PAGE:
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Windows Server 2000/2003 Thread, DHCP and Mobile Devices in Technical; Hello, We are using windows server 2003 for dhcp and have 2 dhcp servers. I have been looking through the ...
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    DHCP and Mobile Devices

    Hello, We are using windows server 2003 for dhcp and have 2 dhcp servers. I have been looking through the leases and notice alot of ipods/ipads/android devices getting handed ip address via dhcp. I am wondering how they are getting them. We do have an Aruba wireless controller and a few AP 61 access points but i do not think they are authenticating through the Aruba wireless. So how else would these devices be getting ip addresses. I thought that maybe students are creating adhoc wireless networks on the few machines that have wifi cards but i don think the connected devices would be getting addresses from our dhcp server. I am out of ideas on how to track down how these devices are getting ip's handed to them. Any ideas would be appreciated.
    Thanks

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    I get the same and we are using a Ruckus system. I'm pretty sure it's because the iPhone will try and connect to the network so the first thing it gets is an IP address but then can't get any further because it can't authenticate to the wireless.
    I'm sure there is a much better/more technical reason behind it, but that's the best I can come up with at this time in the morning

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    Setup rogue AP detection and supression on the Aruba controller and check whether your keys have been compromised, it only takes one teacher to give out the code (and they will) or one insecured device or using WEP for whatever bad reason.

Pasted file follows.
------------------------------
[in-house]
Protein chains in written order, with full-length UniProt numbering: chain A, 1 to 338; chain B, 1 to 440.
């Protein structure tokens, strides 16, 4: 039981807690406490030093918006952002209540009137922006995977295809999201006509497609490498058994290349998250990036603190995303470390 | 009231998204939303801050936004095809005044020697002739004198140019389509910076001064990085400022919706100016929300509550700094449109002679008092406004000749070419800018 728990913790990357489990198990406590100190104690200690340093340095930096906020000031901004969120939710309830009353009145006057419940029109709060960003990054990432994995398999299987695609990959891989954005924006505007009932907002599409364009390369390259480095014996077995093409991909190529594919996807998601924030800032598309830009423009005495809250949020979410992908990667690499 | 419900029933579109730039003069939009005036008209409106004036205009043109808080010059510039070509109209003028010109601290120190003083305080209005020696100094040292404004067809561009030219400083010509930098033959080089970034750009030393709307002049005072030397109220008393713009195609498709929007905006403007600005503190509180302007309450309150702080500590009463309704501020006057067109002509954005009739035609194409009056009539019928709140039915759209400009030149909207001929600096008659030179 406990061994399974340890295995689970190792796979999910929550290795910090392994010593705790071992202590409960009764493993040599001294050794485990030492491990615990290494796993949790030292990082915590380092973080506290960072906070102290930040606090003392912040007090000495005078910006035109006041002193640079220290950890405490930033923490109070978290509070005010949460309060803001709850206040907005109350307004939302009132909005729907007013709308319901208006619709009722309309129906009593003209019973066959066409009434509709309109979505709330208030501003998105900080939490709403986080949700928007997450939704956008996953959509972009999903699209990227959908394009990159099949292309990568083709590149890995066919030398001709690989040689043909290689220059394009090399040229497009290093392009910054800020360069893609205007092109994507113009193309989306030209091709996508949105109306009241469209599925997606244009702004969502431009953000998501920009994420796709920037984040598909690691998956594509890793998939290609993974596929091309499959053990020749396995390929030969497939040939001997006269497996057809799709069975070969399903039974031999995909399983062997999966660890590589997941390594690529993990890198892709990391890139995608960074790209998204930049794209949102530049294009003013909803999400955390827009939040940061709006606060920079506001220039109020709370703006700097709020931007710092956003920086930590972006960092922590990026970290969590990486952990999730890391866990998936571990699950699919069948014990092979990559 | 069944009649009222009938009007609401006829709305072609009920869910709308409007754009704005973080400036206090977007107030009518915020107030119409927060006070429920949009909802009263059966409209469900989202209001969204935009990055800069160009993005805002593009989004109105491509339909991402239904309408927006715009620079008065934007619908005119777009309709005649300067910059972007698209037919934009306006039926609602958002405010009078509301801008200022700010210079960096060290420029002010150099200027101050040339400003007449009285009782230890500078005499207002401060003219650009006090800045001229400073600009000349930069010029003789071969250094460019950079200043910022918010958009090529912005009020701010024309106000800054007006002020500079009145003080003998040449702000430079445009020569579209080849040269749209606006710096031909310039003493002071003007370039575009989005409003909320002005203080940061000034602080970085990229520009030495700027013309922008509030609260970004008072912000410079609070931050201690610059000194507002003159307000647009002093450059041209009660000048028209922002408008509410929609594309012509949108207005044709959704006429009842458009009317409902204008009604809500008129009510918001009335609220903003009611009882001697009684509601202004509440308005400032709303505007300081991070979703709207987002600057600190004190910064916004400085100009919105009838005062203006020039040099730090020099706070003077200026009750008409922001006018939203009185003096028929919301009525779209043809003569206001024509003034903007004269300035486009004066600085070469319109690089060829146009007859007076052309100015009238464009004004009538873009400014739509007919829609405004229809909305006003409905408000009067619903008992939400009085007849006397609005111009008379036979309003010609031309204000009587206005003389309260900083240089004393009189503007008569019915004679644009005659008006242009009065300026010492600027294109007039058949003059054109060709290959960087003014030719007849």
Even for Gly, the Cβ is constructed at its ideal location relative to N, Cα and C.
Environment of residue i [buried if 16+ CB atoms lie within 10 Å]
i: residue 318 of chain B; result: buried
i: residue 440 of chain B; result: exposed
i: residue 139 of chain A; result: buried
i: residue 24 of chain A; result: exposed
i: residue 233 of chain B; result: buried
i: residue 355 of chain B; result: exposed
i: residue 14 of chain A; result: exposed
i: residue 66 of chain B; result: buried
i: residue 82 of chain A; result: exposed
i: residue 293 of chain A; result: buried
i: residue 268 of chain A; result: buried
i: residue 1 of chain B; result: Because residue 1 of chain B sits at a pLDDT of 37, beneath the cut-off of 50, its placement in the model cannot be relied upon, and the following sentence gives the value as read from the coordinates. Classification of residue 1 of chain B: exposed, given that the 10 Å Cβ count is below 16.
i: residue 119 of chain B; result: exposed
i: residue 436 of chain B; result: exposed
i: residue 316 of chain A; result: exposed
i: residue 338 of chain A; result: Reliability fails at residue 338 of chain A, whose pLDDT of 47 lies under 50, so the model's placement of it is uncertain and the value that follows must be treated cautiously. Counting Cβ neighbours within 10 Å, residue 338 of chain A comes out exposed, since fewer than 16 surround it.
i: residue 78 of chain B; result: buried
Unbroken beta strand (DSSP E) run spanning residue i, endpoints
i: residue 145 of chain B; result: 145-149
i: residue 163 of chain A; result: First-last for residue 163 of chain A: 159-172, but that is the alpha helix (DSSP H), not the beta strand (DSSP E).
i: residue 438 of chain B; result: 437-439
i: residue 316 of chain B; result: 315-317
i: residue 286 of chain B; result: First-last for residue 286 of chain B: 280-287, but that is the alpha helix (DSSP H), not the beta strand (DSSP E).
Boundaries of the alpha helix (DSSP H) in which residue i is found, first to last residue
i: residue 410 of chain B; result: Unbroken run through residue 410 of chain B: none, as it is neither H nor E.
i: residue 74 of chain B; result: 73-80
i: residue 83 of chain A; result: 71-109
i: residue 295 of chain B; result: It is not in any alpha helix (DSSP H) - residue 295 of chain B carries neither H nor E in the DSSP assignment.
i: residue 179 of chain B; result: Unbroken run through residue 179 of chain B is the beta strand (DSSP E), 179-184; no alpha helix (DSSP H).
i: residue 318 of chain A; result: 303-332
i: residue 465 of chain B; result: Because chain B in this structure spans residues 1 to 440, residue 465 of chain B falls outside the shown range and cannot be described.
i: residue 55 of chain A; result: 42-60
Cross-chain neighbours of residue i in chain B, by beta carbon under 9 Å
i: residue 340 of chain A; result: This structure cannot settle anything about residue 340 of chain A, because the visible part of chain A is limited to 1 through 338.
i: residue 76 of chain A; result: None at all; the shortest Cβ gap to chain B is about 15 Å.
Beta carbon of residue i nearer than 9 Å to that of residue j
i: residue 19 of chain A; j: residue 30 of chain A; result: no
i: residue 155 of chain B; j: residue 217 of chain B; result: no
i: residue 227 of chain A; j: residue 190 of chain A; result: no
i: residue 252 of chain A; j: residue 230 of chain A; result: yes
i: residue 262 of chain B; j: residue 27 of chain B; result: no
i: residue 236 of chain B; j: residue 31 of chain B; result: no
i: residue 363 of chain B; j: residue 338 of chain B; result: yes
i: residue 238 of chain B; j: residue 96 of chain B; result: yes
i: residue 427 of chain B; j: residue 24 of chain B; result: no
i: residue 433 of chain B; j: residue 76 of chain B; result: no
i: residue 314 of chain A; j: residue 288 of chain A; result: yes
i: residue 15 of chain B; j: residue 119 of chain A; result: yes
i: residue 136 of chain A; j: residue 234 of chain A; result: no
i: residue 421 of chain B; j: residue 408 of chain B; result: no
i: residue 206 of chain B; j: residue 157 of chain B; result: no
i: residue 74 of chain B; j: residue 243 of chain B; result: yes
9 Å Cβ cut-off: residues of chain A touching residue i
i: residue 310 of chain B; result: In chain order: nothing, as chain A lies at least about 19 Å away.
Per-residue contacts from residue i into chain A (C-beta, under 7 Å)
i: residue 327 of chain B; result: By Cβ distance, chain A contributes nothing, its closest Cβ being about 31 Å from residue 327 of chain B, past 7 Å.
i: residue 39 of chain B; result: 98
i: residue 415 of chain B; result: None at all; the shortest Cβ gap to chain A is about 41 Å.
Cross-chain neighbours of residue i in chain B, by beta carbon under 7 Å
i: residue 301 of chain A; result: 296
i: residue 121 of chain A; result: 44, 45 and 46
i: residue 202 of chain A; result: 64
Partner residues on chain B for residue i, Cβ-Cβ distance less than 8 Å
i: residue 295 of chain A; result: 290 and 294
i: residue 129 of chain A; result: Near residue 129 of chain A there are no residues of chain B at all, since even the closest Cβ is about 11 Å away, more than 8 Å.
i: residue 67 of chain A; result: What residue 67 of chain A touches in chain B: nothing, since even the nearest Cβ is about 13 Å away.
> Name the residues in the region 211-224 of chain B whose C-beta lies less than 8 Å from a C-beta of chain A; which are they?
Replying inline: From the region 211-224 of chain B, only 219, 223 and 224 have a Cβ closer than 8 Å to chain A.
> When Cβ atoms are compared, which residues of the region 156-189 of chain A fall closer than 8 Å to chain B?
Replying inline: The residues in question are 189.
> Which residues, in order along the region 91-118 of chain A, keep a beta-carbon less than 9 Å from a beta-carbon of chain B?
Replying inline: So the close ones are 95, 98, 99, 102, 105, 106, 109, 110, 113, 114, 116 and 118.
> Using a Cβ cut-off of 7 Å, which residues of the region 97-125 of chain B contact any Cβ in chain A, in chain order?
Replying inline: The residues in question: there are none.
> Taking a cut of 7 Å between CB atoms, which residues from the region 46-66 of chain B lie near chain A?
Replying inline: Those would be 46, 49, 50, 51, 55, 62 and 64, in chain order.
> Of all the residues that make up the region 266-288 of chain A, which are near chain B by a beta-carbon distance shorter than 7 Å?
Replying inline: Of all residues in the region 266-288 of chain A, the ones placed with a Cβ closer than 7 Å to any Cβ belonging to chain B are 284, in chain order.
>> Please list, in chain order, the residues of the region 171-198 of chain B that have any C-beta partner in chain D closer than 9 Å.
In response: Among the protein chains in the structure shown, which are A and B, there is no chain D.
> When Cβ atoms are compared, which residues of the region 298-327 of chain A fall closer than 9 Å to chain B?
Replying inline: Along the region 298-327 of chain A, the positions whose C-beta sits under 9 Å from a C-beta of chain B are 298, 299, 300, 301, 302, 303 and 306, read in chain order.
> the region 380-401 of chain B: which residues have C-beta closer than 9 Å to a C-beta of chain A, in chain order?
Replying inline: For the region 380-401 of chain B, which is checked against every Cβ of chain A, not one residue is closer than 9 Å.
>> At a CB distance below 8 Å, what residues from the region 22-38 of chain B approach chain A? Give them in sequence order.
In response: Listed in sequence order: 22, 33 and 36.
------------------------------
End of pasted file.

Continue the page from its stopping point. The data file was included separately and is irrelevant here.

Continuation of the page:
You should be able to check in the controller to see if they are active at that time too. If you really wanted you could filter their MAC addresses (copied from the DHCP lease) in the controller too but its a loosing battle.

    801.11x based WPA2 enterprise security is the way foward with this for greater security as it will use machine certs to authenticate which can't be compromised as easily. Set up another limited VLAN and WLAN for student devices that only gets internet access to keep the security and also the flexability.

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    Thanks for the replies. I am now starting to think it is not the Aruba System because we are operating on the 'a' radio band and many of those devices do not have an 'a' radio in them. In fact, I took an ipod touch there and was 15 feet from the access point and it could not find the network, but once the band was changed on the AP profile to 'b/g' then it was able to see it. So again I am lost as to how they are getting an IP from the dhcp server. I do have rogue detection on. Thanks

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    Has someone plugged a wireless AP into a network socket somewhere?

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    Quote Originally Posted by pantscat View Post
    Has someone plugged a wireless AP into a network socket somewhere?